Scott Pruitt's Last Act at EPA: Blocking Cancer-Causing Chemical Warnings

Advisers to the departing EPA Administrator may be delaying a dire warning.

by Josie Rhodes Cook
ABC News/YouTube

Scott Pruitt may have resigned on Thursday, but his obstructionist legacy will live on through a disturbing last act. Two Environmental Protection Agency officials, a current and a former employee, reportedly told POLITICO that the Trump administration, and top advisers to departing EPA Administrator Scott Pruitt specifically, are suppressing a report about formaldehyde vapor and its impact on most Americans.

Considering the other damage Pruitt did in his role as head of the EPA — his goal was basically to thwart the EPA’s mission to protect the environment, and he even sued the EPA many times over regulations dealing with air quality and pollution before he even took the job — this latest revelation adds yet another disturbing layer to Pruitt’s EPA leadership legacy.

The EPA did not immediately respond to Inverse’s request for comment on the allegations.

In a draft health assessment EPA scientists completed not long before Donald Trump became president, a report warned that most Americans inhale enough formaldehyde vapor in the course of everyday life to put them at risk of developing leukemia, as well as other ailments, the officials told POLITICO.

However, those officials claim that top advisers to Pruitt are allegedly delaying the release of the report in an attempt to undermine the agency’s independent research regarding the health risks of toxic chemicals.

The new assessment would strengthen warnings about the chemical’s risks, and might lead to stricter regulations from the EPA or possibly a class-action lawsuits targeting manufacturers, POLITICO reported Friday.

Formaldehyde is a colorless, strong-smelling gas that is used to make building materials and household products, according to the Centers for Disease Control and Prevention. Formaldehyde is used to make walls, cabinets, and furniture, and is already known to cause cancer.

This EPA report may further illustrate how regular exposure to the chemical can affect people, but the officials reportedly said that not only have Trump appointees required that career officials receive their permission before beginning a required internal review of the formaldehyde study, but that they’ve also canceled briefings that would have advanced it.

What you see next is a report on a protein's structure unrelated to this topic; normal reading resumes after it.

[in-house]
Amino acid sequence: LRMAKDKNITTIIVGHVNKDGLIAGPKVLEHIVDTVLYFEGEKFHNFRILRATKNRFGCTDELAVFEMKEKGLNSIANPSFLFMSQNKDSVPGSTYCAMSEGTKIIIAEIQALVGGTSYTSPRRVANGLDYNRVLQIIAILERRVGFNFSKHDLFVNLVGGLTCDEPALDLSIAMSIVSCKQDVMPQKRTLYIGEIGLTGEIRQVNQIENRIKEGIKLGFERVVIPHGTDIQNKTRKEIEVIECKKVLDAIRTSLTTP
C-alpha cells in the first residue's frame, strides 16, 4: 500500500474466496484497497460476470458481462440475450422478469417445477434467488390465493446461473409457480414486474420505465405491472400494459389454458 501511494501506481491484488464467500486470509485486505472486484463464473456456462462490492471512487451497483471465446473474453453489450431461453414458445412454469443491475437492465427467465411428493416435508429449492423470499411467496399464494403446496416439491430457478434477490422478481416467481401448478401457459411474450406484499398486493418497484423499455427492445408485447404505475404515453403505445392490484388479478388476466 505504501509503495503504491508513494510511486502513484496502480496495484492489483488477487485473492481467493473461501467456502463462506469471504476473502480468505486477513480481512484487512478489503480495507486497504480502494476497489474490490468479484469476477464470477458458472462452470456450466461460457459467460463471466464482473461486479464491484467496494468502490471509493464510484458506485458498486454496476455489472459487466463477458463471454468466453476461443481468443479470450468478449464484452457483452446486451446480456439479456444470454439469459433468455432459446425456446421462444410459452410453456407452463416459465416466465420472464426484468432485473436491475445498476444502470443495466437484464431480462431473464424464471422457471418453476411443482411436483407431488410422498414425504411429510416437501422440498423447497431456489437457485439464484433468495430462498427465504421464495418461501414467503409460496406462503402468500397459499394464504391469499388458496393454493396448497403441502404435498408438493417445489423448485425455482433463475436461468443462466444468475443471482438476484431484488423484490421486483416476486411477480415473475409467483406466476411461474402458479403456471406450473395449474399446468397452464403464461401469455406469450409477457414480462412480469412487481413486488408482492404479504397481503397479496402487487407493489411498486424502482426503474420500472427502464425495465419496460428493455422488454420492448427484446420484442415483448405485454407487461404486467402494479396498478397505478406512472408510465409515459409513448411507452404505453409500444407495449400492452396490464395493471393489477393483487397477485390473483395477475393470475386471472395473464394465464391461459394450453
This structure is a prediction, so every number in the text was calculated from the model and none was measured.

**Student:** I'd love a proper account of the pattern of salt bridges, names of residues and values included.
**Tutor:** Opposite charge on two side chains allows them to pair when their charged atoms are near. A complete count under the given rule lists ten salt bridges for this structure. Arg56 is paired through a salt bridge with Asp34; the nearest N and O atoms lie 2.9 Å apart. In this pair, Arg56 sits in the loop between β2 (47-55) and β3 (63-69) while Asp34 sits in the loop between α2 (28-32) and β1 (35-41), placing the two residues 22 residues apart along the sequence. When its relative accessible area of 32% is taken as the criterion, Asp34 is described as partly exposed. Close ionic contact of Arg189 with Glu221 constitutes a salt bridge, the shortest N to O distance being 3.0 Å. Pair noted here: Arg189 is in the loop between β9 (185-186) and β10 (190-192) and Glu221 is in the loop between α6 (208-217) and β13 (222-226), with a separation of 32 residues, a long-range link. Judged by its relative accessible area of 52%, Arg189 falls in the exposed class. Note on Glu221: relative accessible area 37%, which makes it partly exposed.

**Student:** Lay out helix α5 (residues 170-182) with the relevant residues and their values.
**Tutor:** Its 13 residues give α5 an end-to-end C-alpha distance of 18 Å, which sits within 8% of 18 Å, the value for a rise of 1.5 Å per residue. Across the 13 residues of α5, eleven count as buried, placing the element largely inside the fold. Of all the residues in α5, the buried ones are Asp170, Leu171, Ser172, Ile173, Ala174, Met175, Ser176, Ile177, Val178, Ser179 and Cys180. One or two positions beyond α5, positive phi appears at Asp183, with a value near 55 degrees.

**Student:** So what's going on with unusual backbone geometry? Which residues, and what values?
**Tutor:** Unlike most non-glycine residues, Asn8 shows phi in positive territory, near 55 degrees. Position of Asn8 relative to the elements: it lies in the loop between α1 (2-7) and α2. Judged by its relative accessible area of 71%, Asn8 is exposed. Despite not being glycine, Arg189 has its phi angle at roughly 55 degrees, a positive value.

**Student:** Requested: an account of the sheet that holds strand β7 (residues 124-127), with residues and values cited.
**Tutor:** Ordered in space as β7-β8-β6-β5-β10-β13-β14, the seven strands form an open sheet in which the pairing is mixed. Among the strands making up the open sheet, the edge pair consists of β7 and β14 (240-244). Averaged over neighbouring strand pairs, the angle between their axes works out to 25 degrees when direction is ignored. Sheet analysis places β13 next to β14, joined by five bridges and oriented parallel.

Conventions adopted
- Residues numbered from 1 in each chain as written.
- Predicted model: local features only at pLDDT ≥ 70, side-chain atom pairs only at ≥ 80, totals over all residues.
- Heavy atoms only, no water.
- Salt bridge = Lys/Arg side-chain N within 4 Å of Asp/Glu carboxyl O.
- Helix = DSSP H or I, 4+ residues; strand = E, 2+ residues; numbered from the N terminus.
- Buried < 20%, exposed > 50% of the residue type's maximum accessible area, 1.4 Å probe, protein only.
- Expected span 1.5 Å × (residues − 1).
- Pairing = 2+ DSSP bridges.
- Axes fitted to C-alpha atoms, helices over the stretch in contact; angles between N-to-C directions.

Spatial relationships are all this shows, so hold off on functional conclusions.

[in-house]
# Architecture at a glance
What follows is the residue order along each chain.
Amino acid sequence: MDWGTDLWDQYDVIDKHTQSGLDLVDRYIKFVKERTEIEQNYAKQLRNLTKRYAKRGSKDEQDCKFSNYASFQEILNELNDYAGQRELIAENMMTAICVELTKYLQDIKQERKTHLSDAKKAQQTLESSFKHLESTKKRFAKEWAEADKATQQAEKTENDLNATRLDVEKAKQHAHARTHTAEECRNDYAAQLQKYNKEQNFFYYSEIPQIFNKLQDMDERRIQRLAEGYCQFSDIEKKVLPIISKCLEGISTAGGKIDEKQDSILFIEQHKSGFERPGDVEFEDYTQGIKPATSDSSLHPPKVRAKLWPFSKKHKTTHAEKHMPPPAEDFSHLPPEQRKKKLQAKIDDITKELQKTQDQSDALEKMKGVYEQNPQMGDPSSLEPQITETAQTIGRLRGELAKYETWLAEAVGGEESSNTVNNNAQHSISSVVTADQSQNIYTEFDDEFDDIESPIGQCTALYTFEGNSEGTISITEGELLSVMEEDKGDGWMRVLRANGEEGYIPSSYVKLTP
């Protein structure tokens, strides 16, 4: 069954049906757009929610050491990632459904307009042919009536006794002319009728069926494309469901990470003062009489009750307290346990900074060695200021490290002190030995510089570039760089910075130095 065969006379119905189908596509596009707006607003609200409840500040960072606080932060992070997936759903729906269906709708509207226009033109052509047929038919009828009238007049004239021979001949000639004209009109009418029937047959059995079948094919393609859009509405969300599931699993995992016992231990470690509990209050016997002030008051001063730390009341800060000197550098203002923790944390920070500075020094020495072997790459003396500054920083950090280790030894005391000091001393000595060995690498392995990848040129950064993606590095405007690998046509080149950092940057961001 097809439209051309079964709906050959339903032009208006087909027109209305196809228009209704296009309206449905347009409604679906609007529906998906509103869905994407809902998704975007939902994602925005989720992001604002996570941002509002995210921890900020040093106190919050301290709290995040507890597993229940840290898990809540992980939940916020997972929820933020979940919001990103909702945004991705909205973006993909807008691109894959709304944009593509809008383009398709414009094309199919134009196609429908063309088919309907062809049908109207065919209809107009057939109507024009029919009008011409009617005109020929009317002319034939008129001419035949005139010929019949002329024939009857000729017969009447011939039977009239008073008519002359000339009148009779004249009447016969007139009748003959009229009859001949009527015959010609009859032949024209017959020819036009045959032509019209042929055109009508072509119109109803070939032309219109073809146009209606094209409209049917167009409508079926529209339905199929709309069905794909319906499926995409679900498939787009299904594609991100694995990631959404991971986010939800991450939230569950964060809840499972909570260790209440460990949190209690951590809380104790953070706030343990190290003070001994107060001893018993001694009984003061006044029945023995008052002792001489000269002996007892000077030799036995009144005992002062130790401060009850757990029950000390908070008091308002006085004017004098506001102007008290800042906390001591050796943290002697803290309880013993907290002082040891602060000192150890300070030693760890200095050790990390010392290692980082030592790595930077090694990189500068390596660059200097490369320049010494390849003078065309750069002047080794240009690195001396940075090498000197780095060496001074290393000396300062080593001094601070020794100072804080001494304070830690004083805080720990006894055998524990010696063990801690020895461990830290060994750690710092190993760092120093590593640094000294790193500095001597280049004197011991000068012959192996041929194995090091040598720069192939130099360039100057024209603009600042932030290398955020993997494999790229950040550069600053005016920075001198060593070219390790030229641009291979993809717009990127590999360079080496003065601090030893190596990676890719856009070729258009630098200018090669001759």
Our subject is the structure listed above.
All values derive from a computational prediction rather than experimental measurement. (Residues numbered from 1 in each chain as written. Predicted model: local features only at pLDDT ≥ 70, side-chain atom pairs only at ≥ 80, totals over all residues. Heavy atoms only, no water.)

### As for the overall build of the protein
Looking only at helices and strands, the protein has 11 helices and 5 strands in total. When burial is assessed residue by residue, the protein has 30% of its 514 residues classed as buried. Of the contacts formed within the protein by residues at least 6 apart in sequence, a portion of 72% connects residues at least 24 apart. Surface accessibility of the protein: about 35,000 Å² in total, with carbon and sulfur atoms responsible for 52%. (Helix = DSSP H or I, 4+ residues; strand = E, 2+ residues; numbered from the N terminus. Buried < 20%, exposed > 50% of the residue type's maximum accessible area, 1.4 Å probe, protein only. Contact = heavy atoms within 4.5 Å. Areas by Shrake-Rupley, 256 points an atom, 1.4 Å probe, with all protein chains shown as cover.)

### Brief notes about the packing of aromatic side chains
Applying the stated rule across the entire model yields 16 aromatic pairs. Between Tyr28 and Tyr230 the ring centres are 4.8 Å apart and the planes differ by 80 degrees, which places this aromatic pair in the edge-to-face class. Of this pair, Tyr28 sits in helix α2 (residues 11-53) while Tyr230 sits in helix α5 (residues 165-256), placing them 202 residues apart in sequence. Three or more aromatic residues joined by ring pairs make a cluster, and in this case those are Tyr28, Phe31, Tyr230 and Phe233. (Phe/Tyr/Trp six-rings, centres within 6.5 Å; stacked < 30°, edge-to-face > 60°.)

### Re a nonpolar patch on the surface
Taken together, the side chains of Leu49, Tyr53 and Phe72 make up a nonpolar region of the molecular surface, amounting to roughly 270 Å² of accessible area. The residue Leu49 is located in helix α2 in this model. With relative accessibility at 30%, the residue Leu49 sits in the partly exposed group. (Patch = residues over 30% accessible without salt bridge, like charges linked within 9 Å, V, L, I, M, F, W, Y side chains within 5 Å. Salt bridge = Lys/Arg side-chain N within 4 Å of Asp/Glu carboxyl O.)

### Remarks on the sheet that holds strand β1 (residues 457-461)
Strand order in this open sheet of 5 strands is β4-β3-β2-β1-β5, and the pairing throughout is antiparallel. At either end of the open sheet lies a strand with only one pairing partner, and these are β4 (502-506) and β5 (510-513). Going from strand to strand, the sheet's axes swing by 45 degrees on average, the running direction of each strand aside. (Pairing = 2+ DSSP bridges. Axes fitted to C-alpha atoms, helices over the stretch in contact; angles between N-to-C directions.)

In a statement, the EPA denied that the assessment was being delayed or suppressed, and a spokeswoman, Kelsi Daniell, told POLITICO:

EPA continues to discuss this assessment with our agency program partners and have no further updates to provide at this time. Assessments of this type are often the result of needs for particular rulemakings and undergo an extensive intra-agency and interagency process.

And before anyone gets hopeful about the advancement of this assessment now that Pruitt is out, consider this: his successor, Andrew Wheeler, was staff director for the Senate Environment and Public Works Committee back in 2004. His boss, then-Chairman Jim Inhofe, persuaded the EPA to delay an earlier, planned revision of the formaldehyde health assessment. So Wheeler and the chemical have a murky history too.

As a fan of fracking, a supporter of the coal industry, and a noted global warming skeptic, Pruitt’s work at the EPA may have done lasting damage. But this allegedly suppressed study, which officials claim was delayed during his time there, may do more damage yet.

Inverse reached out to Daniell at the EPA and this article may be updated.

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